Ray Nayler, The Mountain in the Sea, Weidenfeld & Nicolson, 2022.
The Mountain in the Sea is a fascinating short scifi novel that'll particularly enchant those of you who like first encounters and semiotics.
On the coast of Vietnam, the island of Con Dao has become a refuge for wildlife since it's been bought by a tech corporation, Dianima. Ha, a marine biologist, is hired by Dianima to study a unique species of octopus native to Con Dao. Her partners are Evrim, the first and only sentient android ever created, and Alantsetseg, a mercenary in charge of defending their mission, with violence if needs be. The three of them are isolated on the island, but are they really alone?
Ha is an interesting character. A lonely woman, her drive forward is relentless, but she remains a character you can empathise with thanks to a very close thrid person that gives us glimpses into her past and her hopes. What makes her also incredibly human is how she tries to make a connection, not only with Evrim and Alantsetseg, but also with the elusive octopus.
But it was Alantsetseg who was my favourite character. I've loved her humour, how she makes no excuse about who she is - a competent warrior - and also how she uses her translation tools to sever communication or to make a connection too, how the tool reflects her moods much more than anything else.
Weaving in and out of the main story, we also follow Rutsem, a hacker, and Eiko, a man taken into slavery on a fishing boat, and their stories will intersect with the main plot.
The Mountain in the Sea won't be for everyone. The characters have a tendency to monologue, and the trick is repeated a fair few times so it could put off anyone who doesn't enjoy that. It also makes no excuse that it's about biosemiotics and although it's very accessible, including to people who are a bit hazy about what semiotics is. If your idea of fun isn't discovering how language and culture arise, then the book might become tedious very fast. If, on the other hand, you enjoy semiotics, you'll be delighted to know that it builds wonderfully on Charles Peirce's theories (more than Saussure's) wonderfully and it even has a kind of bibliography in the acknowledgements to know more about biosemiotics specifically (cue to nerdy squees). Nonetheless, the novel could also be described as a techno thriller, so I guess there's a balance in there and a little bit of everything for everyone.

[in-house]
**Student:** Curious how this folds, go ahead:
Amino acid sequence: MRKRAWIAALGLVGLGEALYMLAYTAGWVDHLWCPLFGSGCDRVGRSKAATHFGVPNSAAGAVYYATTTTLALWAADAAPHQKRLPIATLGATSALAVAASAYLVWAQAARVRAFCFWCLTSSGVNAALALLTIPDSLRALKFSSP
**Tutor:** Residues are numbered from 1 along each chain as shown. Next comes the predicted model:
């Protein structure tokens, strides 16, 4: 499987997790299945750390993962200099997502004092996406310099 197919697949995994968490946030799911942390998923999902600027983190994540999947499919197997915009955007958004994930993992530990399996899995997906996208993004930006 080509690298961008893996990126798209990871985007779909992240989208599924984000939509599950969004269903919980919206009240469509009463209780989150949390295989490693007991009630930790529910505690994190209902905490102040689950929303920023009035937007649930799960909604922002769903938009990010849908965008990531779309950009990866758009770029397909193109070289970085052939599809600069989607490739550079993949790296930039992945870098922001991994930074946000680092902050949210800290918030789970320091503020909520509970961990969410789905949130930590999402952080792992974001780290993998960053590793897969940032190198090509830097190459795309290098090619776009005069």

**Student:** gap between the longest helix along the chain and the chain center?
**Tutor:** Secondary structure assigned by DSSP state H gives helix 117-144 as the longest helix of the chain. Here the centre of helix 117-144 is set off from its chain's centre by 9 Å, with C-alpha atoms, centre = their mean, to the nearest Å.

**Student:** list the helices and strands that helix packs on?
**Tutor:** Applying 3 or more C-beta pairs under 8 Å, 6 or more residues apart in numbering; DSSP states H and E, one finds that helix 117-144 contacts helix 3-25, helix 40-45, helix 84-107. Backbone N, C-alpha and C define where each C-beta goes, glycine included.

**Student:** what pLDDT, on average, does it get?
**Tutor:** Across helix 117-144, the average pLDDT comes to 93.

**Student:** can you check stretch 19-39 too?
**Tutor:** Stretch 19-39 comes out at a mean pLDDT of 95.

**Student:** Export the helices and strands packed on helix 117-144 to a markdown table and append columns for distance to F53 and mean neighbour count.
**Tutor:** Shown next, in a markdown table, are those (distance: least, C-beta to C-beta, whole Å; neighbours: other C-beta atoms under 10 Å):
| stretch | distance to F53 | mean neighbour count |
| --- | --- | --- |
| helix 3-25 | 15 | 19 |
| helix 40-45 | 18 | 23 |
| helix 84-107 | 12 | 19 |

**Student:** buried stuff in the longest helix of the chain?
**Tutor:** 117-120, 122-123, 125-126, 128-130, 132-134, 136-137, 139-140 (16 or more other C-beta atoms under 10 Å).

One aspect I particularly enjoyed was how Nayler dehumanised his human characters, one way or the other: Eiko, as a slave, is considered no more than a machine; Alantsetseg finds her place in the world through her drones and her translation devices. By comparison, Evrim and the octopus are presented as much more alive, and often much more human than the humans themselves.
The octopus' plot is very well done. It includes a lot of tension, the reveals come at a very reasonable pace, and, above all, the communication and culture are described in a very realistic and believable way. It's a grim world that Nayler paints but through this attempt at first contact, glimpses of hope can be seen.
A couple of irrelevant details threw me off while reading, but The Mountain in the Sea is otherwise an engrossing story about humanity and communication, about sentience and justice. Gautam Bhatia described it to me as Darmok but geekier, and it encapsulates Nayler's novel perfectly.
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All reviews are spoiler free unless explicitly stated otherwise.
I only review stories I have liked even if my opinion may be nuanced. It doesn't apply for the "Novels published before 1978" series of blog posts.
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